The 55+ community in which I work has a program, started by the residents, called Friends Helping Friends. If you can no longer drive or just need a ride to the doctor's or store, you call an Activity Office and we call one of the FHF coordinators who then go through their list of volunteer drivers and match them up with the person in need.
This community of approx 5,000 has quite a few programs to aid our aging population- programs that any community can set up to suit their needs.
That being said,Evelyn's story is inspiring.

Evelyn is an inspiration and is physically younger than I am. (As a reminder, I am 89). She sees well enough to drive, has good reflexes and is able to walk without an aid. None of those attributes apply to me. Sometimes age is relevant. (Or irrelevant as the case may be.)

My vision alone would keep me from driving now, but I voluntarily gave up driving many years ago for several reasons. I have told them before and they are not important to anyone except me. It is important that elders admit to themselves when they are no longer competent behind the wheel.

I had an Uncle who had been an excellent driver when he was young and could not admit to himself that his skills were gone. He was a menace on the highway and refused to give up his car.

Some people are terrible drivers at any age and should not be on the highway, so age sometimes has very little to do with what we can, or cannot, do.

Evelyn was obviously blessed with good genes. She has a great attitude and sense of humor and that certainly helps.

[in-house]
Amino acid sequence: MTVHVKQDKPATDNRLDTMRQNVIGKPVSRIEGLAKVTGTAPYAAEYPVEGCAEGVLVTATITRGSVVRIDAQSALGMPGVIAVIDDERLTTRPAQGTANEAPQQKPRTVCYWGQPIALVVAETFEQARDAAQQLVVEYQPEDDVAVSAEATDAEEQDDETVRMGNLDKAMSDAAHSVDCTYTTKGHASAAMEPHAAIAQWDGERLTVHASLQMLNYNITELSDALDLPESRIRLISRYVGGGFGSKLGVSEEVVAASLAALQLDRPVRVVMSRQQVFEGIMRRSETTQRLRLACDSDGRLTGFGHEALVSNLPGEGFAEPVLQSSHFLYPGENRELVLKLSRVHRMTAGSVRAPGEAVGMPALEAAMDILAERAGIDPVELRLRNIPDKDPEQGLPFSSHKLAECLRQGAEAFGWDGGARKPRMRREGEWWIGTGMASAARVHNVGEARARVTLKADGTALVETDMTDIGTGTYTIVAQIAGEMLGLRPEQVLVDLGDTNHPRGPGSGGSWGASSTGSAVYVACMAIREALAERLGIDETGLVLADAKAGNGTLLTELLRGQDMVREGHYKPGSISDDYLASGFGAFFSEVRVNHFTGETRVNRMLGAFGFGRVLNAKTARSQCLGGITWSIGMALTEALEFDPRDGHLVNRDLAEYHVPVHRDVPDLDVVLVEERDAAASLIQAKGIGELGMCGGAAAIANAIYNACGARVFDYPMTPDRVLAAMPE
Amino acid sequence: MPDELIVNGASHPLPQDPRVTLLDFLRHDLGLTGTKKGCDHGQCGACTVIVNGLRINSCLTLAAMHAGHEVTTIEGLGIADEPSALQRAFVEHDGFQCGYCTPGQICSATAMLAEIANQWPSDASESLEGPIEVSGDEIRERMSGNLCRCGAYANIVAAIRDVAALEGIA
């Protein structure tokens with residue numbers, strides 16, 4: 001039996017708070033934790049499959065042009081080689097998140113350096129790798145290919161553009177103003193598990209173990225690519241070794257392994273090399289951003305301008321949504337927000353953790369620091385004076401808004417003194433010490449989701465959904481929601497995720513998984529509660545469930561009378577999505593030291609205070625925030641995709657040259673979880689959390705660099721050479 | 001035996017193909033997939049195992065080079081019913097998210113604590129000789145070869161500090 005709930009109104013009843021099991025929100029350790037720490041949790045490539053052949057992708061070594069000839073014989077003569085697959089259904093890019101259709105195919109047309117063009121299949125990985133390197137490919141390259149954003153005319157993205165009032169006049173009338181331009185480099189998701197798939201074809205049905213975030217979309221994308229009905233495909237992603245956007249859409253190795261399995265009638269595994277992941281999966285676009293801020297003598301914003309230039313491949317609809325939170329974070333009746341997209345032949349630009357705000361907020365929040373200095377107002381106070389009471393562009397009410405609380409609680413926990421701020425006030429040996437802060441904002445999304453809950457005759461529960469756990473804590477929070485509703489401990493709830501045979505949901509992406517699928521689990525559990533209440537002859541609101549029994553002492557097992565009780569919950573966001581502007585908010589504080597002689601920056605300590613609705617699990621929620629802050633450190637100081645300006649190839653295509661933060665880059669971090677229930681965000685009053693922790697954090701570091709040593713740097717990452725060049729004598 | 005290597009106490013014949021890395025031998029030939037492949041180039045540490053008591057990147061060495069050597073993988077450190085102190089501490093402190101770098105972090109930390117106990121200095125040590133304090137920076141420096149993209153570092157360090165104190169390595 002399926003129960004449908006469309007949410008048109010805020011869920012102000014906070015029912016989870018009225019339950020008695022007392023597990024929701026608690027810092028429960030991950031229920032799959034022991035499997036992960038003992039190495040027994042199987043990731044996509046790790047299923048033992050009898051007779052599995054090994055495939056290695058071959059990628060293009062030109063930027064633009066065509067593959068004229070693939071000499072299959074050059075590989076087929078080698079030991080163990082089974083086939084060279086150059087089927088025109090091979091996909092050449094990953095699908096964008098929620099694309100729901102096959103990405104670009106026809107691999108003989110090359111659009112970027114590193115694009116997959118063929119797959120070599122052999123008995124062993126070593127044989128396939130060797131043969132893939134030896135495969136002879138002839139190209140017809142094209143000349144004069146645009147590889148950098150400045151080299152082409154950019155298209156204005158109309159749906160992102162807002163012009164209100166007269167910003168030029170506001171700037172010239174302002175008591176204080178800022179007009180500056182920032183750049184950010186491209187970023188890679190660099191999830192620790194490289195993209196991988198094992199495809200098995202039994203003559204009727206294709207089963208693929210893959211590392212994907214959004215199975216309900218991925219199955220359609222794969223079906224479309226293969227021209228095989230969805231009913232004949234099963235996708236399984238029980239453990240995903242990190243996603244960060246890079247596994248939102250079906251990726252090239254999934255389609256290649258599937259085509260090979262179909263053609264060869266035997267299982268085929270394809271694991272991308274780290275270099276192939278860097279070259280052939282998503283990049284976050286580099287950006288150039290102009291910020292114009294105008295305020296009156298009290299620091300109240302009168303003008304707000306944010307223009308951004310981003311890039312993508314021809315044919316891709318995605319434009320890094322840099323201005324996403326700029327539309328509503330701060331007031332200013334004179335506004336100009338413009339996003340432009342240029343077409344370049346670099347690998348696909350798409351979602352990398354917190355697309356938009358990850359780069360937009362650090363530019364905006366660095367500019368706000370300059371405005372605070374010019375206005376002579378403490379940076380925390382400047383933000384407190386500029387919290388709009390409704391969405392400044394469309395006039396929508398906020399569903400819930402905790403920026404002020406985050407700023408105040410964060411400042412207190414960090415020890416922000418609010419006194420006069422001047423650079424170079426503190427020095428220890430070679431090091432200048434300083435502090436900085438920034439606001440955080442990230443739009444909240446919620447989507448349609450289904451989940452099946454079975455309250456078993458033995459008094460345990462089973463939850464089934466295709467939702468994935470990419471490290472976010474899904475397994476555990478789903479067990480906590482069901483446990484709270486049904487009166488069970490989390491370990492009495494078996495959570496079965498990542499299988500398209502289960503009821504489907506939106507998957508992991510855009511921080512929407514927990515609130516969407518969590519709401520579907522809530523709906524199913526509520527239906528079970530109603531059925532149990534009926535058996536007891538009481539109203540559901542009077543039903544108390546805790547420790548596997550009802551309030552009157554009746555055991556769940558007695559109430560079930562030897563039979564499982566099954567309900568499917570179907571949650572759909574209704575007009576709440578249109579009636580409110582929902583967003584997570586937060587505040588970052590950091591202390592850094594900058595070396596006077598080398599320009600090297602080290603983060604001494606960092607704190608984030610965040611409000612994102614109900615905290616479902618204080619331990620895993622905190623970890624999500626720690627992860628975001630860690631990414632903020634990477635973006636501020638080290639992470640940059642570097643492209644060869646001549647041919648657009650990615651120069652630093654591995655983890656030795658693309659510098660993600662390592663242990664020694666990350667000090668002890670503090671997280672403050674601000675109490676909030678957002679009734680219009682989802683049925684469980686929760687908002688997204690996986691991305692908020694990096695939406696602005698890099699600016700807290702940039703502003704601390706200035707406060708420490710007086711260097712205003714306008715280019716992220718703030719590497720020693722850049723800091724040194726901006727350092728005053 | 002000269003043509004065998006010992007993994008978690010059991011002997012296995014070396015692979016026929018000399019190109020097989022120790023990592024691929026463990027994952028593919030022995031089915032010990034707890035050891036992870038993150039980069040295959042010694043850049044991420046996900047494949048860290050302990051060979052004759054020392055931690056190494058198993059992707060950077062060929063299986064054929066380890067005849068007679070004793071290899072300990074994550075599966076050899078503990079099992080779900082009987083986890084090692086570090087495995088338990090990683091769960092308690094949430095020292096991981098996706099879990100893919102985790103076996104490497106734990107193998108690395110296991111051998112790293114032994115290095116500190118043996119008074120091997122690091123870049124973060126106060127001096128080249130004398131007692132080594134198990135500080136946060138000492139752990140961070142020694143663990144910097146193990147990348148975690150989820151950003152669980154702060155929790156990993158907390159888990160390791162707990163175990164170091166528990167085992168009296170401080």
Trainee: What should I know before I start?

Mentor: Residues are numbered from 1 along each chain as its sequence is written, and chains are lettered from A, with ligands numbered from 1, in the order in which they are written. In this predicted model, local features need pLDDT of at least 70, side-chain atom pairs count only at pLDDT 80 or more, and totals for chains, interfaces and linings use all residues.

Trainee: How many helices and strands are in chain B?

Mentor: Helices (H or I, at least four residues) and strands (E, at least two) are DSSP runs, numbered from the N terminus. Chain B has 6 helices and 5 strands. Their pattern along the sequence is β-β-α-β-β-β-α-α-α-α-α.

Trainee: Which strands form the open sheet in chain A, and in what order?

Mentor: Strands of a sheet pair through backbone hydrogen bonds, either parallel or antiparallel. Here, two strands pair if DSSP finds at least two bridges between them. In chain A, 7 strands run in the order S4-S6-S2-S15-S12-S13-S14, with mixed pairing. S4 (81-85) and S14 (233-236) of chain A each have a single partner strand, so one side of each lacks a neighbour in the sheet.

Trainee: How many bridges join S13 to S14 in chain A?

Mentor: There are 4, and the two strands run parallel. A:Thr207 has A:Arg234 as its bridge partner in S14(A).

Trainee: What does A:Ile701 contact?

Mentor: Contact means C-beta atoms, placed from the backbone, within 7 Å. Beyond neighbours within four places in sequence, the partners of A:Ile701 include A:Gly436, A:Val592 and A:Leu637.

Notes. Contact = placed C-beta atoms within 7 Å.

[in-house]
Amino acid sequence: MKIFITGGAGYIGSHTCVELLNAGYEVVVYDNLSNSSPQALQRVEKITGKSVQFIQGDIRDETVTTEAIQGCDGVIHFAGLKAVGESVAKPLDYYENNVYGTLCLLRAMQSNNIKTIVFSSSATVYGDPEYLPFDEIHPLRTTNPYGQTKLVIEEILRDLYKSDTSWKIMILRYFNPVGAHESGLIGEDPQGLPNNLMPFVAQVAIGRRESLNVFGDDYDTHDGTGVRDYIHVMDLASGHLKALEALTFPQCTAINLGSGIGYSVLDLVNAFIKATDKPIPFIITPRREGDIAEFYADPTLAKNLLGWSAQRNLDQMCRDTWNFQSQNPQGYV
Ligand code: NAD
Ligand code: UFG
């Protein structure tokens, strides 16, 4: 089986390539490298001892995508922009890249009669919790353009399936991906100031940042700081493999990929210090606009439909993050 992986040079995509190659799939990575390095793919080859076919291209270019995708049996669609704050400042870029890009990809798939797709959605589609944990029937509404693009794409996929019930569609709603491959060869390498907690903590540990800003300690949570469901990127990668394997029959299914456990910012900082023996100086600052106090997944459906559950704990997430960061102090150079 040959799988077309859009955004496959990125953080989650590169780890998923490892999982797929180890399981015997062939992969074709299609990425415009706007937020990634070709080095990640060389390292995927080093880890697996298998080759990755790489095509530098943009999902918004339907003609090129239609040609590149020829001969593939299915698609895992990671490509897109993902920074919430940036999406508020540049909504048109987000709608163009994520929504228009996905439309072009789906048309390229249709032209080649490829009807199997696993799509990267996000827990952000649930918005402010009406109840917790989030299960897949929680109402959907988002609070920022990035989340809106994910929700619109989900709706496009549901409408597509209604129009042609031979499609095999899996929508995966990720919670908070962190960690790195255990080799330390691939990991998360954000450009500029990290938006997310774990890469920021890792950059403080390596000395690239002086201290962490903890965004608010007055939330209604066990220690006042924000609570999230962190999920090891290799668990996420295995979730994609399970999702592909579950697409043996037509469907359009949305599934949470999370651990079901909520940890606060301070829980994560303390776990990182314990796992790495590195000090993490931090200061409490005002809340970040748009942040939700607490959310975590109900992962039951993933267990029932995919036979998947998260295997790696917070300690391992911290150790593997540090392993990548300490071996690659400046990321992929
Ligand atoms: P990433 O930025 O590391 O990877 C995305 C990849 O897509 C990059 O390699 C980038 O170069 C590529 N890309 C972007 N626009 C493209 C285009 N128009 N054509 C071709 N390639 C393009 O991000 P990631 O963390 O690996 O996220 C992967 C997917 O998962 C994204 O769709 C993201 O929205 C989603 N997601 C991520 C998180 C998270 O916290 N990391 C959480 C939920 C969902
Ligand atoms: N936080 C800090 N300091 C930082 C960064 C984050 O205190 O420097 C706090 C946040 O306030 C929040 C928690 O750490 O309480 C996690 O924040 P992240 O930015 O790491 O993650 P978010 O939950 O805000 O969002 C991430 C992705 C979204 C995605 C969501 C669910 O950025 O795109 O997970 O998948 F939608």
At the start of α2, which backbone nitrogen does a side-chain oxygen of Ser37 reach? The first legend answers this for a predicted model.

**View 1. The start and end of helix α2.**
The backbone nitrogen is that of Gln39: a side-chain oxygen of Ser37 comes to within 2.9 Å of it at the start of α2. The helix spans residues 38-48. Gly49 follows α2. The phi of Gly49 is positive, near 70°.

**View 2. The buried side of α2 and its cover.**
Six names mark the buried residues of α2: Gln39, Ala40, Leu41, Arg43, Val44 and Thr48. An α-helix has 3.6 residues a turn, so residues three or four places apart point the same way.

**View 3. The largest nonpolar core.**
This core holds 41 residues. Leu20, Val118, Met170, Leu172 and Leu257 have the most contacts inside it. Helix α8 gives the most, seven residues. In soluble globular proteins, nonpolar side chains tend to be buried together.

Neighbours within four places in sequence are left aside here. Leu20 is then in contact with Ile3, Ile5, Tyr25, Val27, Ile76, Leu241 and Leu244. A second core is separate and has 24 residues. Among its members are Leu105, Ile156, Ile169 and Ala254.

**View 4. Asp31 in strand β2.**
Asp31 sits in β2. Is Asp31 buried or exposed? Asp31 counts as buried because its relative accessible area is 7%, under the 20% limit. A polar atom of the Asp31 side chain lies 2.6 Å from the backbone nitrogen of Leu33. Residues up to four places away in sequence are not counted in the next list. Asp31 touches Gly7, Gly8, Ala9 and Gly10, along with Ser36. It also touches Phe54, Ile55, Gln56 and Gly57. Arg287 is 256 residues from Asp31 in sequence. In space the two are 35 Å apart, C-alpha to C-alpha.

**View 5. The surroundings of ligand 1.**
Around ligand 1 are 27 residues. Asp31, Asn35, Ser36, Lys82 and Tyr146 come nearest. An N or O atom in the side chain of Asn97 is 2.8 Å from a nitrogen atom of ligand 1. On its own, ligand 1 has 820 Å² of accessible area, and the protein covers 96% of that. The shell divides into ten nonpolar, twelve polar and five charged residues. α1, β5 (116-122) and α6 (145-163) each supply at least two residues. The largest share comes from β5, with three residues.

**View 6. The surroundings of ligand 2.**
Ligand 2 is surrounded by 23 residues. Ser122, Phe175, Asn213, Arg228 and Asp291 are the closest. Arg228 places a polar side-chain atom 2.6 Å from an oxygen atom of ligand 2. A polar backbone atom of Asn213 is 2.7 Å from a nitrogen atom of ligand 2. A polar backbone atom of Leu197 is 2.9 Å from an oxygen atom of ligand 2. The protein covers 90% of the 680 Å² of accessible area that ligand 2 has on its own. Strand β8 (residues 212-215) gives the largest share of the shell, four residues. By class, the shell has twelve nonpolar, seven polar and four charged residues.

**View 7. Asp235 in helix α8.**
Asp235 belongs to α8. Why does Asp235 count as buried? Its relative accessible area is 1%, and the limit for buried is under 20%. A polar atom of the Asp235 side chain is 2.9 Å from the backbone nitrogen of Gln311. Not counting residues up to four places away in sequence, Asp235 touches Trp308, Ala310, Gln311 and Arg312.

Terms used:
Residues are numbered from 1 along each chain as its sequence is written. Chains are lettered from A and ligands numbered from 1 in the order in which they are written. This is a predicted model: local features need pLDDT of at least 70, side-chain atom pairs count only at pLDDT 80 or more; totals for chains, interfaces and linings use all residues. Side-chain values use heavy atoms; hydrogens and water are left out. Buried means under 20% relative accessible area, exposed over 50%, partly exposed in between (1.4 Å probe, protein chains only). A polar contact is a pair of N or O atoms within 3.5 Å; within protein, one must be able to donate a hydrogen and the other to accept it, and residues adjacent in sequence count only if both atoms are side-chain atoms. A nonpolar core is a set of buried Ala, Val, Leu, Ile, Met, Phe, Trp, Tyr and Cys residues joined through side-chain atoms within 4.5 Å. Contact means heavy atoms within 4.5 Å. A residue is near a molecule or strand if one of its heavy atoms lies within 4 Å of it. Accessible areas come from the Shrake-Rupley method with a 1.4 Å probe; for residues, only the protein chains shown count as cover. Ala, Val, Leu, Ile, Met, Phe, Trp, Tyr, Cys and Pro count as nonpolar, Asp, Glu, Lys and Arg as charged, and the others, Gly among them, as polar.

Yes, I've seen this before, we need to be more creative when our scaffolding changes.

I dread the day I might lose my DL. I need to put alternative plans in place.


I've seen this video before and Kudos to Evelyn--she's truly an amazing woman! However, whether or not I'd choose to reach 98 (IF I have a say in the matter) is very much an open question for me. It depends a lot on whether I can still perform "basic" personal-care tasks and somehow manage the necessities. It's not likely that my husband, who is 8 years older than I am, would still be around, and I think I'd rather not be here than be here without him--at 98.

If I remember correctly, many of the comments that were made on the video site were quite negative about Evelyn and her driving. Essentially, many people would deny her her license simply due to her age alone, not related at all to her ability to drive. It was very eye-opening to me to see that people felt that way, and at times very strongly. Then I learned that many car rental companies will not rent vehicles to folks over 65. Again, simply doe to age alone. I think many of those companies were outside the US,perhaps, but I had never known that. Driving is the key to independence, especially for the many of us who do not live near public transportation. It is a subject on which elders need to be very proactive to ensure that it is tied to abilities, not age alone.Thanks for reposting this, Ronni.

Yes, and also, public transportation is sometimes uncomfortable and/or erratic.

It can be hard even to get up the steps, for some of us.